A court has acquitted all accused in Ayodhya Babri Mosque demolition case .Constitutional expert and law professor Faizan Mustafa points out how the Babri Masjid destruction case was scuttled from the very beginning.
Close to 30 years after the Babri Masjid was demolished in Ayodhya, a special court set up by the Central Bureau of Investigation (CBI) acquitted 32 of the 49 accused who are still alive, including Bharatiya Janata Party (BJP) veteran leaders L.K. Advani and Murli Manohar Joshi.
The CBI Judge S.K. Yadav ruled there was no pre-planned conspiracy to demolish the 16-century mosque, despite extensive documentation establishing that hundreds of thousands of karsevaks came to Uttar Pradesh and were instigated by prominent leaders of the Hindu right.
Speaking with HuffPost India, Faizan Mustafa, Vice Chancellor of NALSAR University of Law, said he had eight “unusual” things to point out about the Babri Masjid demolition case from start to finish.
“With 351 witnesses, the CBI could not convince a judge about a crime that the entire world was a witness. That does not speak very highly of the rule of law,” Mustafa said.
The following excerpts have been lightly edited for clarity.
Ayodhya The Beginning, December 1992
You had one incident in Ayodhya on 6 December, 1992 and two FIRs were filed within a gap of ten minutes. The two FIRs talk of different crimes. The first FIR is an unnamed FIR. It says some people demolished Babri Masjid. A second FIR is filed within ten minutes, naming certain people like Ashok Singhal, Uma Bharti, Murli Manohar Joshi, L.K Advani, Vishnu Hari Dalmia, etcetera. Now, the FIR, which is about these top BJP, VHP, Bajrang Dal leaders, did not include the conspiracy offense. And the FIR which was unnamed talked of the conspiracy of demolition. For the same incident, the FIR which is about BJP leaders, is investigated by UP-CID, and the unnamed FIR is given to the CBI. You have two FIRs about one incident. Two different sets of crimes charged. Two different investigating agencies. This is unheard of in a criminal trial. Then, in August 1993, the two FIRs were handed over to CBI and the CBI filed a joint chargesheet in October. One trial started in Rae Bareilly and the other trial started in Lucknow.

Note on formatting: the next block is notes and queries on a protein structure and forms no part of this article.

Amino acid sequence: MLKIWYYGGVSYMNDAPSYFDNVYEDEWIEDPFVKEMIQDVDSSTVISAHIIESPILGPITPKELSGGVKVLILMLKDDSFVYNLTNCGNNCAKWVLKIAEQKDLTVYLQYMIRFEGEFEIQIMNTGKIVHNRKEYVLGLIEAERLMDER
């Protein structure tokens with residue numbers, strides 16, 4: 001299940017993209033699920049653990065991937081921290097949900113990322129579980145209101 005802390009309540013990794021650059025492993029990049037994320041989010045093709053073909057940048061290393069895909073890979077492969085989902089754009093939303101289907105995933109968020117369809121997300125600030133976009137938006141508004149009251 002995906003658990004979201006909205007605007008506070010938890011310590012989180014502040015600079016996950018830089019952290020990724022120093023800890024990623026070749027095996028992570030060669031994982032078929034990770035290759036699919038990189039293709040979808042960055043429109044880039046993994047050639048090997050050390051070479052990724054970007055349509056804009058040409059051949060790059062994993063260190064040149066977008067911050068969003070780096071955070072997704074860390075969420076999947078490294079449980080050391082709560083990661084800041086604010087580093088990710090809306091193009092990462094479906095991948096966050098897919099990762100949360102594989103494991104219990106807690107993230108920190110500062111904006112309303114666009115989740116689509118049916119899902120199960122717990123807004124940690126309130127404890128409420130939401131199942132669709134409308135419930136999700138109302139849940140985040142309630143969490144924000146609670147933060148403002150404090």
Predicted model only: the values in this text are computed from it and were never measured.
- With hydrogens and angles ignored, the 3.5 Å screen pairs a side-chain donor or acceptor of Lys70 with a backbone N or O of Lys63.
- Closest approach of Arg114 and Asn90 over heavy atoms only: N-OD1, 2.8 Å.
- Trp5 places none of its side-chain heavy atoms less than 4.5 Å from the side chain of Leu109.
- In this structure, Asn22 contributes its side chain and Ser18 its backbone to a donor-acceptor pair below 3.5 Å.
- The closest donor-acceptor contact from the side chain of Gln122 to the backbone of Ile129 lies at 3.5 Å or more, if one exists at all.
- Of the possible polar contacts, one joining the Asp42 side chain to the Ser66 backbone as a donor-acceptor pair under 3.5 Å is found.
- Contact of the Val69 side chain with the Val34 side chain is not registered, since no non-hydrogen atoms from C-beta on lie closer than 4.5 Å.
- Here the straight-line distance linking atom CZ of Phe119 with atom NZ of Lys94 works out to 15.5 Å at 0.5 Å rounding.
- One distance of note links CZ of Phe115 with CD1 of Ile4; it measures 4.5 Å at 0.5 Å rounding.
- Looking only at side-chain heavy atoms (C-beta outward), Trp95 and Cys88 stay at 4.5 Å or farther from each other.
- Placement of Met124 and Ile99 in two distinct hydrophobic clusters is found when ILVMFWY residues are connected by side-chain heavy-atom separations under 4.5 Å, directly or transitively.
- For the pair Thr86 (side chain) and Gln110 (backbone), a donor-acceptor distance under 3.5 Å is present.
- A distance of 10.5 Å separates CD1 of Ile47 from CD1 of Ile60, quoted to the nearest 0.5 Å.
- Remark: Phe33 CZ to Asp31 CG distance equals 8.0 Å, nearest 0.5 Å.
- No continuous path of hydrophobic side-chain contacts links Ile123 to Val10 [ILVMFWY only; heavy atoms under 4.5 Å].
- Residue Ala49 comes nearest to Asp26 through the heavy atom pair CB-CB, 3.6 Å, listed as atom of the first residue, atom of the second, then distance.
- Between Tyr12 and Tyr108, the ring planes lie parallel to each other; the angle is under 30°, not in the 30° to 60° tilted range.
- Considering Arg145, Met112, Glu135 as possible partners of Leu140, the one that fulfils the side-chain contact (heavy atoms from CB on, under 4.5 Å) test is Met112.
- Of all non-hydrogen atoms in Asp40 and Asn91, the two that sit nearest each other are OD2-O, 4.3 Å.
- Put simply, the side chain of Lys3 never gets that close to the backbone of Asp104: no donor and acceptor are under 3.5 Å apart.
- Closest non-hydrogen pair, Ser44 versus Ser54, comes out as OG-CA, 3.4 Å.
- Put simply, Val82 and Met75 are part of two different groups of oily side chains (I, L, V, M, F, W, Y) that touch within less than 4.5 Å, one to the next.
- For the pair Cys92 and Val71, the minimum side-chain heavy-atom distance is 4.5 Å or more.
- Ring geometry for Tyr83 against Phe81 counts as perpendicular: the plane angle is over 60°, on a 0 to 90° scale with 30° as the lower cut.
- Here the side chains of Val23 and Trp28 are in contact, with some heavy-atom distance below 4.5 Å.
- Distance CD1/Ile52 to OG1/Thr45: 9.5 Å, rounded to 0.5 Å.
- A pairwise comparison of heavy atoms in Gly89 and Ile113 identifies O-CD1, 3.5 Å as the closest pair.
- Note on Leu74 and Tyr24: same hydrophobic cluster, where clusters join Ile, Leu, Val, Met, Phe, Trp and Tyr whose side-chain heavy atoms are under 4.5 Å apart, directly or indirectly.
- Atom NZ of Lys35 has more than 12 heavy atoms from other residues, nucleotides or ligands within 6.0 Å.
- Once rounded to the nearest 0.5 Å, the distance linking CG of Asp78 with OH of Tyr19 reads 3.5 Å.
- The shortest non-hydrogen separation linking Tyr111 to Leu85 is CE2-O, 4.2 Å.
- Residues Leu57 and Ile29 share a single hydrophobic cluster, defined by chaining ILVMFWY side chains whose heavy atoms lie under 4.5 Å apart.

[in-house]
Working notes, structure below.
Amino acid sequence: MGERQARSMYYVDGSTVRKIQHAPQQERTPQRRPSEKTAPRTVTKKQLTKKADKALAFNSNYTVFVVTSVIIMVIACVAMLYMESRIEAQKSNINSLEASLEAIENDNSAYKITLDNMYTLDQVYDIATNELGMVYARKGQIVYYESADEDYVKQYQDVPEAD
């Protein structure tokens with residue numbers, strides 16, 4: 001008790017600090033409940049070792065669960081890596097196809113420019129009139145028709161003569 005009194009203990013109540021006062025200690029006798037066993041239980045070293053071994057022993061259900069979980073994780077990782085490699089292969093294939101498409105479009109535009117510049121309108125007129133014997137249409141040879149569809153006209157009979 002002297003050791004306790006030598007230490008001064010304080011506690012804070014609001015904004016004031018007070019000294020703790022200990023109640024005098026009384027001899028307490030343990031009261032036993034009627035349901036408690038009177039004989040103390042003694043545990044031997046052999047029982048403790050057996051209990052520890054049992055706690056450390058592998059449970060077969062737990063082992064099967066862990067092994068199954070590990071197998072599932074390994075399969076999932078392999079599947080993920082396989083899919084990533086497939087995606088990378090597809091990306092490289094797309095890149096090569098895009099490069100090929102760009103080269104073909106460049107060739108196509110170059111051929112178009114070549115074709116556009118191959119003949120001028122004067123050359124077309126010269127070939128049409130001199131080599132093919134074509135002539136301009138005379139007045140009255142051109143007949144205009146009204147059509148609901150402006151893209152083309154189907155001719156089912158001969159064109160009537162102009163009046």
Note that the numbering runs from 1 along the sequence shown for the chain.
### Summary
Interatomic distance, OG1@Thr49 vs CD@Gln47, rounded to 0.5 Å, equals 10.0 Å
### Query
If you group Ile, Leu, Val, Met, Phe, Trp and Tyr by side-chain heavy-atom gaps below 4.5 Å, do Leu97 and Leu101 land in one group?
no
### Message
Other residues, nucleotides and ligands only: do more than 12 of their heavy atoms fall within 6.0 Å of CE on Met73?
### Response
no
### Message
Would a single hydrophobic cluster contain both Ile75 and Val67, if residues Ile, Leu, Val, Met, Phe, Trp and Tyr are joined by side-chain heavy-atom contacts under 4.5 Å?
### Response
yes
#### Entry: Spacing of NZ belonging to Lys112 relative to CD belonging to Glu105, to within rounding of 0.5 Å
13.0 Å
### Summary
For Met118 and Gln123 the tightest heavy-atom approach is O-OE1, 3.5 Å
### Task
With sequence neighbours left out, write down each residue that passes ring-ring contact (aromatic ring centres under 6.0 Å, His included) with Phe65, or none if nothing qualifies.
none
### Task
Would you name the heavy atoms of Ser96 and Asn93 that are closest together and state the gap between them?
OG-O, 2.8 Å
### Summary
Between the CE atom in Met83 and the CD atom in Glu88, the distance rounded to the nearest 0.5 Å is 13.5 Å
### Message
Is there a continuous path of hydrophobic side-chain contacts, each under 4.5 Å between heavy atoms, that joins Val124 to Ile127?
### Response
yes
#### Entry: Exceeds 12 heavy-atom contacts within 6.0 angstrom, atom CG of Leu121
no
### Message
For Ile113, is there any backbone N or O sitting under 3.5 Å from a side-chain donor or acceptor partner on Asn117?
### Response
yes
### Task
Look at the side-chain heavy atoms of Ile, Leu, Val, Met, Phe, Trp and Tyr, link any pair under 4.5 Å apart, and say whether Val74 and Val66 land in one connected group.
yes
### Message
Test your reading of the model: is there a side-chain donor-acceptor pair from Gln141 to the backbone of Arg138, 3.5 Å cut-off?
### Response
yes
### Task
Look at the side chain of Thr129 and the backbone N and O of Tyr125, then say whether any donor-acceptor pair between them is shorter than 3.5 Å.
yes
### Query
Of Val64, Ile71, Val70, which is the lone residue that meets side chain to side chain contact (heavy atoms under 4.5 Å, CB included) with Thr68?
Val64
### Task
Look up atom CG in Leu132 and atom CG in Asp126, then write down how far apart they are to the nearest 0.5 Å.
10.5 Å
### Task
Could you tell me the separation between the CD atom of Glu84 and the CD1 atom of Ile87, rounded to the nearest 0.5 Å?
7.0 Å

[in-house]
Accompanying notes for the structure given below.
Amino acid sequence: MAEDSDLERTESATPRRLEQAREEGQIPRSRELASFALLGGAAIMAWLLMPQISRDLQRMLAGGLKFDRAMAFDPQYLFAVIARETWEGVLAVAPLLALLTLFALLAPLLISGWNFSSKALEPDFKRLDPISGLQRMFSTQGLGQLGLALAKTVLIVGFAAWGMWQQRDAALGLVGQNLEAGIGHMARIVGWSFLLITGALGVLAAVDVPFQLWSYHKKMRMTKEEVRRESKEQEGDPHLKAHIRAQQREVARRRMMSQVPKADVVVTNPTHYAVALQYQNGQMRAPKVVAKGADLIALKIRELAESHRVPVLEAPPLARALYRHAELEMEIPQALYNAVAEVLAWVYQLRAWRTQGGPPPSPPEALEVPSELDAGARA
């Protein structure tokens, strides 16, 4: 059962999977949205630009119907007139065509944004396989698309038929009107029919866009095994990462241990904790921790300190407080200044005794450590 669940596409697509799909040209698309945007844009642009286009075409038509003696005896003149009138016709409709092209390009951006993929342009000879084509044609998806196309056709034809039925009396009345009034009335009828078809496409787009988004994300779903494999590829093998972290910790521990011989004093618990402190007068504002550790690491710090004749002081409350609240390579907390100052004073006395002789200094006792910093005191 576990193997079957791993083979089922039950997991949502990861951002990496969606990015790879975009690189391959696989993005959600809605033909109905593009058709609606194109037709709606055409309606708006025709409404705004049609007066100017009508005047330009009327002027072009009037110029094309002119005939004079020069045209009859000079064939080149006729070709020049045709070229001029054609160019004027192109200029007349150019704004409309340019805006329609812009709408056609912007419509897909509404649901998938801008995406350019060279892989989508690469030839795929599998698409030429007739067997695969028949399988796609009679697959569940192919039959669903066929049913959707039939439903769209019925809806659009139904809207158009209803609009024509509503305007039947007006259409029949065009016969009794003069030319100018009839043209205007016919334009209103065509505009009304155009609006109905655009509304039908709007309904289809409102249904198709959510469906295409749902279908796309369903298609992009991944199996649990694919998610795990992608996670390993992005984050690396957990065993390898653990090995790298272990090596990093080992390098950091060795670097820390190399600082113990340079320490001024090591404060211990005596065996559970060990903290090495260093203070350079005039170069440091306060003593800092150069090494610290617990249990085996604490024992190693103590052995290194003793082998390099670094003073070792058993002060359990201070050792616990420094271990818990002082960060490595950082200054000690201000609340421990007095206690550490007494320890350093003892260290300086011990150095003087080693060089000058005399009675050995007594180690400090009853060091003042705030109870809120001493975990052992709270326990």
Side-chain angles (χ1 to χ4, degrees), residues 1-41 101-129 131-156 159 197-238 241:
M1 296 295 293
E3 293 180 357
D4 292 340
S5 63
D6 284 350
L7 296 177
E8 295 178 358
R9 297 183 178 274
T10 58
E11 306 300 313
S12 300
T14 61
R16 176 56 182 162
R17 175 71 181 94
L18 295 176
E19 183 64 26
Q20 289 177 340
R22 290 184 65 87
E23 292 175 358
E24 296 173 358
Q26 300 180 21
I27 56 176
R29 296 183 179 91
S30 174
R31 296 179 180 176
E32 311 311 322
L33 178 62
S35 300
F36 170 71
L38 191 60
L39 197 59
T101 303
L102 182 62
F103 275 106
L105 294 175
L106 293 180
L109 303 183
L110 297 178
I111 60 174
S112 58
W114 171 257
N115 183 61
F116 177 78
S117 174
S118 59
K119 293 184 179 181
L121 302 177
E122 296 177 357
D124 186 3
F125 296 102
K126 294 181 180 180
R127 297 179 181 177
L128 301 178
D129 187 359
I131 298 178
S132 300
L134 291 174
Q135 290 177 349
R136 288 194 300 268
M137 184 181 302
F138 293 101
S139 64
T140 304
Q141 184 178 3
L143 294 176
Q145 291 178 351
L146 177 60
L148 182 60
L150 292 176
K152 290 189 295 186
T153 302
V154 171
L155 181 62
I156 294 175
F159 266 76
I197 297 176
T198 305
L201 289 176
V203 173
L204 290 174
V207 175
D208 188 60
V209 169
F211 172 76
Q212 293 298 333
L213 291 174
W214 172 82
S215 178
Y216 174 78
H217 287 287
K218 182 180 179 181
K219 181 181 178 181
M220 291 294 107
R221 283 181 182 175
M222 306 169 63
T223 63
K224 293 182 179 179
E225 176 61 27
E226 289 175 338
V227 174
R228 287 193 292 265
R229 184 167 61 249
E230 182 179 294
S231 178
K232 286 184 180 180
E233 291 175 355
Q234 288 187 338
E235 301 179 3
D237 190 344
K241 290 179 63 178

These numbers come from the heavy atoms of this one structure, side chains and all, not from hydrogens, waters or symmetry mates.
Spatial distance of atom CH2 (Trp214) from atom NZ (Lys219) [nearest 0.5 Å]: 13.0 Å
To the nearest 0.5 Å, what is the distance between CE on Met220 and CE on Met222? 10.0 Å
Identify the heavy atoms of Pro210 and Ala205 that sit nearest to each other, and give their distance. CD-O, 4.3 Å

Advani’s first discharge, 2003
Then, the V.K. Singh court in Rae Bareilly discharged Advani from conspiracy charges in 2003. When Advani was discharged, and Murli Manohar Joshi was not, Joshi went to the Allahabad High Court against the decision of V.K. Singh and he said I should also be discharged. The High Court, Justice Y.R. Tripathi, quashed Advani’s discharge and he said that the conspiracy charges were for everyone.
For seven years, nothing happened. In 2011, the CBI came to the Supreme Court but nothing happened for another six years. In 2017, Justice R.F Nariman says this trial should be completed — it is such a big crime and an assault on secularism. And then, this judge (Yadav) is asked to give a decision by 2019. He does not do it and he retires. And then the Supreme Court says his tenure in service should be extended till he gives judgment. So, he retires today (30 September).
What was the problem?
It was not progressing because there was a technical defect. When a CBI court is constituted, the High Court should be consulted. In one FIR, the High Court was not consulted. And therefore Justice Jagdish Bhalla of the Allahabad High Court pointed out that I’m quashing it because it has a technical defect. In three places in his judgment, he says this defect is curable. In the middle, you had Mulayam Singh Yadav, Akhilesh Yadav, Mayawati — all swearing into secularism, why did they not cure the defect?
In 2017, the Supreme Court invoked its extraordinary powers under Article 142 of the Indian Constitution that allows it to pass any order to deliver “complete justice.” It cured the defect and said now go and have a trial. Justice Nariman, quoting British judge Lord Mansfield, said, “Let justice be done though the heavens fall.”